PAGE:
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Great Lakes Moment: Kirtland’s warblers are thriving in Michigan

Great Lakes Moment: Kirtland’s warblers are thriving in Michigan
January 3, 2022 John Hartig

Great Lakes Moment is a monthly column written by Great Lakes Now Contributor John Hartig. Publishing the author’s views and assertions does not represent endorsement by Great Lakes Now or Detroit Public Television.


Once living on the brink of extinction, the Kirtland’s warbler is now thriving thanks to collaborative conservation efforts. 

The Kirtland’s warbler is one of the largest and rarest songbirds in North America. This handsome yellow-and-gray warbler is named for Dr. Jared Kirtland, on whose farm near Cleveland, Ohio, the first specimen was collected in 1851. Biologists finally discovered the first nest for the species in northern lower Michigan in 1903.  

Ornithologists refer to the Kirtland’s warbler as a true habitat specialist – meaning it has very specific requirements for breeding. They build their nests on the ground only in young jack pine forests in northern and central Michigan, with small numbers in Minnesota, Wisconsin and Ontario.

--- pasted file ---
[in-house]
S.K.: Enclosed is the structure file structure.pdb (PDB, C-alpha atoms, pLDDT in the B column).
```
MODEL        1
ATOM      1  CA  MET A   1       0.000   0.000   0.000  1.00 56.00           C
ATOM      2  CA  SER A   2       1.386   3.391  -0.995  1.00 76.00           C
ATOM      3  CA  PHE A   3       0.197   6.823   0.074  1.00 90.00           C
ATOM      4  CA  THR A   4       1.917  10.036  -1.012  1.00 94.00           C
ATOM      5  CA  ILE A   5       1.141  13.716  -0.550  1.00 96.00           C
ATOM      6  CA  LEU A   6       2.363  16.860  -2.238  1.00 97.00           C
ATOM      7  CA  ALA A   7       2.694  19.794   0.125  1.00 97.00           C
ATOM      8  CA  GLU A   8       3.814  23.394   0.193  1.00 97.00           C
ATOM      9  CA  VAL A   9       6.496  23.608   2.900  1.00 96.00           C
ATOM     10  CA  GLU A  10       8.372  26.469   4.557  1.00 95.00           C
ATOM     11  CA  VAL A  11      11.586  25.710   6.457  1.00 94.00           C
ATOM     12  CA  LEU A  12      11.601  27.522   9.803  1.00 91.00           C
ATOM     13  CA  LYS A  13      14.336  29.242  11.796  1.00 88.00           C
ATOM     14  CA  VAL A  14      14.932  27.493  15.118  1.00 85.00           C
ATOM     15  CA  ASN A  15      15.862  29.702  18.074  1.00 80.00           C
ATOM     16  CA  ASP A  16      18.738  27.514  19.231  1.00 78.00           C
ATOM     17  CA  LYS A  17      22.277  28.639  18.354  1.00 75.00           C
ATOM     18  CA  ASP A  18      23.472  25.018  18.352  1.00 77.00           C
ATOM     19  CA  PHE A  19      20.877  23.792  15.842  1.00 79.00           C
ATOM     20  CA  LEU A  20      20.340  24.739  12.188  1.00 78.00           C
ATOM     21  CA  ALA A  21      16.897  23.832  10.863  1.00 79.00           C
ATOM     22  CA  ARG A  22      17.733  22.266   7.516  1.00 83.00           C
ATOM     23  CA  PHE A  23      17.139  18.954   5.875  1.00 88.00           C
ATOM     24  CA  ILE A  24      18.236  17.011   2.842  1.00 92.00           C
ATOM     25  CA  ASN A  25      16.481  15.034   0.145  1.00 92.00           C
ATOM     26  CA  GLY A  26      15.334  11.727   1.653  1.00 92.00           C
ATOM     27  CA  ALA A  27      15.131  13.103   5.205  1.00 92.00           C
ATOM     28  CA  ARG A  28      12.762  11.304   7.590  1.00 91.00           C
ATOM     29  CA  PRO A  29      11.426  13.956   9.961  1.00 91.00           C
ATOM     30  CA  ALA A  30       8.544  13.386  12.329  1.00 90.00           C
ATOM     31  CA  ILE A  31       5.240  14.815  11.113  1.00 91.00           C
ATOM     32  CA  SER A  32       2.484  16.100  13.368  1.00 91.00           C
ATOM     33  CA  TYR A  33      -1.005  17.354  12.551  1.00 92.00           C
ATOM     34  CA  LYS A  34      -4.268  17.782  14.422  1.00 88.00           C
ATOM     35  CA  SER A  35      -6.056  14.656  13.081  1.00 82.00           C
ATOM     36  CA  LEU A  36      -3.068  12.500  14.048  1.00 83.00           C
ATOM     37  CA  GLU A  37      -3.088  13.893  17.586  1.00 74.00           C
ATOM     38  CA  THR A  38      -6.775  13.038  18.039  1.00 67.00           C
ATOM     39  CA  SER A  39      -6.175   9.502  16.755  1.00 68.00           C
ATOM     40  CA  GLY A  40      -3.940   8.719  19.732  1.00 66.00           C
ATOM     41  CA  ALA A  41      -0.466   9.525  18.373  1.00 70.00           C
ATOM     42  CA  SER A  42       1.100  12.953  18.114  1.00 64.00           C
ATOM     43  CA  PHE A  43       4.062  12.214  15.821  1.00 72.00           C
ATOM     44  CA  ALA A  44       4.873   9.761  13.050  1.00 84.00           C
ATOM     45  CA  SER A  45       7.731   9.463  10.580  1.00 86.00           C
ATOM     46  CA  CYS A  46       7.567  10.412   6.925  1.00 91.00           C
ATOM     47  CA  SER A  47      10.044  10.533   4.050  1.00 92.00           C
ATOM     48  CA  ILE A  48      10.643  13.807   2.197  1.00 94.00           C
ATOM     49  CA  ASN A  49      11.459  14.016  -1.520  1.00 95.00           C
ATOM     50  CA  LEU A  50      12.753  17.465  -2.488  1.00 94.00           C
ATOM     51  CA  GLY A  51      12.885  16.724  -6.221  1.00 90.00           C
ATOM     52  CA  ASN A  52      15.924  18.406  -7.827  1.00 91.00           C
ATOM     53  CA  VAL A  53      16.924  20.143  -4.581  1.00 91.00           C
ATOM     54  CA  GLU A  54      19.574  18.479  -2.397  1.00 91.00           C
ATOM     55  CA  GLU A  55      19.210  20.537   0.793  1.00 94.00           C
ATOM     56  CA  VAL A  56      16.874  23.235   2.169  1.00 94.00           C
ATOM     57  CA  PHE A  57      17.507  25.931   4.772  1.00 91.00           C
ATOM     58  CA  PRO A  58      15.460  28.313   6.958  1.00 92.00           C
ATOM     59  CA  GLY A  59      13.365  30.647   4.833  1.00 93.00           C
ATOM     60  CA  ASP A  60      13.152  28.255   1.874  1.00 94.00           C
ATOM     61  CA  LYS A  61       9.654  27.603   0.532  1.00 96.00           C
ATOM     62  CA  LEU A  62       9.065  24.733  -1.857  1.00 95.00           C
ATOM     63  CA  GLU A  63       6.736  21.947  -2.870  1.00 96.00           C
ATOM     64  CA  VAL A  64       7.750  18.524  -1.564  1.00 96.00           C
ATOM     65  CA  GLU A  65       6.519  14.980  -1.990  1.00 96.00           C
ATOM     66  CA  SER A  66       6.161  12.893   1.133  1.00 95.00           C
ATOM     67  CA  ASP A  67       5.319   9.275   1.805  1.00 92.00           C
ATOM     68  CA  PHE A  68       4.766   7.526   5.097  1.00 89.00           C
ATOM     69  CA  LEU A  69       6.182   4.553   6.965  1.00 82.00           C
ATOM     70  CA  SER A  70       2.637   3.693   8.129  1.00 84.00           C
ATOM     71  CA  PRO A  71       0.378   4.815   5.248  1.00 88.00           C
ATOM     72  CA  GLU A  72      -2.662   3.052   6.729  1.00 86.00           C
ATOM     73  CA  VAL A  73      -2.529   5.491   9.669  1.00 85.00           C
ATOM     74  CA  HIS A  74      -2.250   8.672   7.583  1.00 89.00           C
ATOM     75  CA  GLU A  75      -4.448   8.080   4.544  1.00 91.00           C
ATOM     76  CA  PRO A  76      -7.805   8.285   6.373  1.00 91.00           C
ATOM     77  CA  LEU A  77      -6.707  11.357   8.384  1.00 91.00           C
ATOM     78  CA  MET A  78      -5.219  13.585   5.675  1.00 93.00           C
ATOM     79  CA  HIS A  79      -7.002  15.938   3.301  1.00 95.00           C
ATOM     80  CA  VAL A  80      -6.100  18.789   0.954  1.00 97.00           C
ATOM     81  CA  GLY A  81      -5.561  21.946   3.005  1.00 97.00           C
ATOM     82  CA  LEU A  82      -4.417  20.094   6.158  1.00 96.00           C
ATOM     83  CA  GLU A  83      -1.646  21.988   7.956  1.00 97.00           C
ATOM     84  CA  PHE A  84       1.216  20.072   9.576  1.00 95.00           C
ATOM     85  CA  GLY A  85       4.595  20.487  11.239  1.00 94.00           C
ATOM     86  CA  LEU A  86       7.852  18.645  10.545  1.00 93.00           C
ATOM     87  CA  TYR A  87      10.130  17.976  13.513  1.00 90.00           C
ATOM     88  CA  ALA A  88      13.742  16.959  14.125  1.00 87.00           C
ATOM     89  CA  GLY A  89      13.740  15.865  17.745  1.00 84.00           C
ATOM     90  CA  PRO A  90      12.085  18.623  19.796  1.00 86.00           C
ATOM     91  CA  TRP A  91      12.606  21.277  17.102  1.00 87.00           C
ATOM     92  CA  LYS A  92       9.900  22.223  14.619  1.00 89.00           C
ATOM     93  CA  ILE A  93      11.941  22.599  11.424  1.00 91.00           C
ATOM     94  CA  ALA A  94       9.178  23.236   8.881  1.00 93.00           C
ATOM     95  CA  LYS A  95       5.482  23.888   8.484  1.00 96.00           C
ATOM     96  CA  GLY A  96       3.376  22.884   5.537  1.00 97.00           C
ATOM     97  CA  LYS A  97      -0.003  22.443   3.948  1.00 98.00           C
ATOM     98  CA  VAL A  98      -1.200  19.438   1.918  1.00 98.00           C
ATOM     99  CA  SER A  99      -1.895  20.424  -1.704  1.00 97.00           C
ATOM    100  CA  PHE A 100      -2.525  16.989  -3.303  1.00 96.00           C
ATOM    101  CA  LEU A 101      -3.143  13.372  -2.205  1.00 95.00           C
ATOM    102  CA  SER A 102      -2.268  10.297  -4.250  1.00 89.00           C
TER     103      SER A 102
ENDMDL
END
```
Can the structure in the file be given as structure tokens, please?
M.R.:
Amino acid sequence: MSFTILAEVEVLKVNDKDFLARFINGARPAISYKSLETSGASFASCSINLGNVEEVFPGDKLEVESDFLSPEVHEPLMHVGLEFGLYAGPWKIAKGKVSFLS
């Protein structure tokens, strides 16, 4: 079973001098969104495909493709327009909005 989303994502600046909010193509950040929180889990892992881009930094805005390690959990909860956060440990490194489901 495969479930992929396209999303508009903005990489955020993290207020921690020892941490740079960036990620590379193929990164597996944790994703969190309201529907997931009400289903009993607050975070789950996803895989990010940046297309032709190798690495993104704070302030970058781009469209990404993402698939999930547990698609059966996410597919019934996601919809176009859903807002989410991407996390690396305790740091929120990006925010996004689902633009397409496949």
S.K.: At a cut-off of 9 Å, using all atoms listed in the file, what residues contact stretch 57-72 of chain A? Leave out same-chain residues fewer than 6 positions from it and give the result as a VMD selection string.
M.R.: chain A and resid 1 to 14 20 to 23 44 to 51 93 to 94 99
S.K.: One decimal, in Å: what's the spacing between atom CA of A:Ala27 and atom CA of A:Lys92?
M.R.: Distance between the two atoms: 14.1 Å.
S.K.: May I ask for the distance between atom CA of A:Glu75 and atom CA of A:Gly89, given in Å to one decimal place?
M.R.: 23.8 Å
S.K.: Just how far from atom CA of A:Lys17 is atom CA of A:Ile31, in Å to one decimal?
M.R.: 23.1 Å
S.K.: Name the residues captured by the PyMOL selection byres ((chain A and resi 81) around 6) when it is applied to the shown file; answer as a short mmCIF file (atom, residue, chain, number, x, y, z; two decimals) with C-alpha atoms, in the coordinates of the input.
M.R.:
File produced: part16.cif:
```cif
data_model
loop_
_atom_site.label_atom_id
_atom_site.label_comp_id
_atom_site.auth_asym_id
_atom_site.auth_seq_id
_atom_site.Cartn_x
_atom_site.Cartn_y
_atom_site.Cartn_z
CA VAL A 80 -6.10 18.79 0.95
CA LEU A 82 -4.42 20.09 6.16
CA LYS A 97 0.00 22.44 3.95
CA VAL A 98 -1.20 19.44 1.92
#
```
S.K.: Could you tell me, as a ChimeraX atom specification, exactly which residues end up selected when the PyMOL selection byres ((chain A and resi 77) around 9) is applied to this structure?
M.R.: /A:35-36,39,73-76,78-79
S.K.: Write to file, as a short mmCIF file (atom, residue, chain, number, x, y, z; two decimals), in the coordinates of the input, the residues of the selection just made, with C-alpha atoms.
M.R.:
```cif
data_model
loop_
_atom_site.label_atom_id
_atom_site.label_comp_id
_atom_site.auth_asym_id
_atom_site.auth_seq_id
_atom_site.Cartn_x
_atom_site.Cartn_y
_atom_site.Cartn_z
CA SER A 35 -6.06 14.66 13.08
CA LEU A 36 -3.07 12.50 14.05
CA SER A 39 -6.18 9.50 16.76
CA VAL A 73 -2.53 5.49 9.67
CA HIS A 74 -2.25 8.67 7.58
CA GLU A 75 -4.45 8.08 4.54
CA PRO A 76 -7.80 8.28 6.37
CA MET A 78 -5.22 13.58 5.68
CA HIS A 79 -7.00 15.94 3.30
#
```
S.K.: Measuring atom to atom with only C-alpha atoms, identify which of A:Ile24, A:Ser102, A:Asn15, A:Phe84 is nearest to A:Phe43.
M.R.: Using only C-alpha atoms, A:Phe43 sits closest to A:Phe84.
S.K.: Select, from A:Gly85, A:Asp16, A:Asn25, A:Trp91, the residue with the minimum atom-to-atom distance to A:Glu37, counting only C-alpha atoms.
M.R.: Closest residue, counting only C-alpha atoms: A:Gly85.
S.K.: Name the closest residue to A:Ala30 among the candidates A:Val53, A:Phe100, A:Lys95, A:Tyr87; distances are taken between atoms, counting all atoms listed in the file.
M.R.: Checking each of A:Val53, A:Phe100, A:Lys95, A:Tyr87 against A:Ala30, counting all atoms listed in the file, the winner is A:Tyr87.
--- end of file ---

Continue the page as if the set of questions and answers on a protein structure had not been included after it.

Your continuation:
Like many other snowbirds who migrate from the colder northern parts of North America to warmer southern locales, the Kirtland’s warbler migrates some 3,400 miles to the Bahamas and the Turks and Caicos Islands to overwinter. They then return to more northern latitudes in the summer to reproduce.  

Always considered a rare bird with a limited range, the Kirtland’s warbler began to decline significantly in the 1960s.  

The birds are found by ornithologists listening for singing males advertising and defending nesting territories. Each male is then presumed to have a mate, so the number of males also indicates the number of nesting pairs.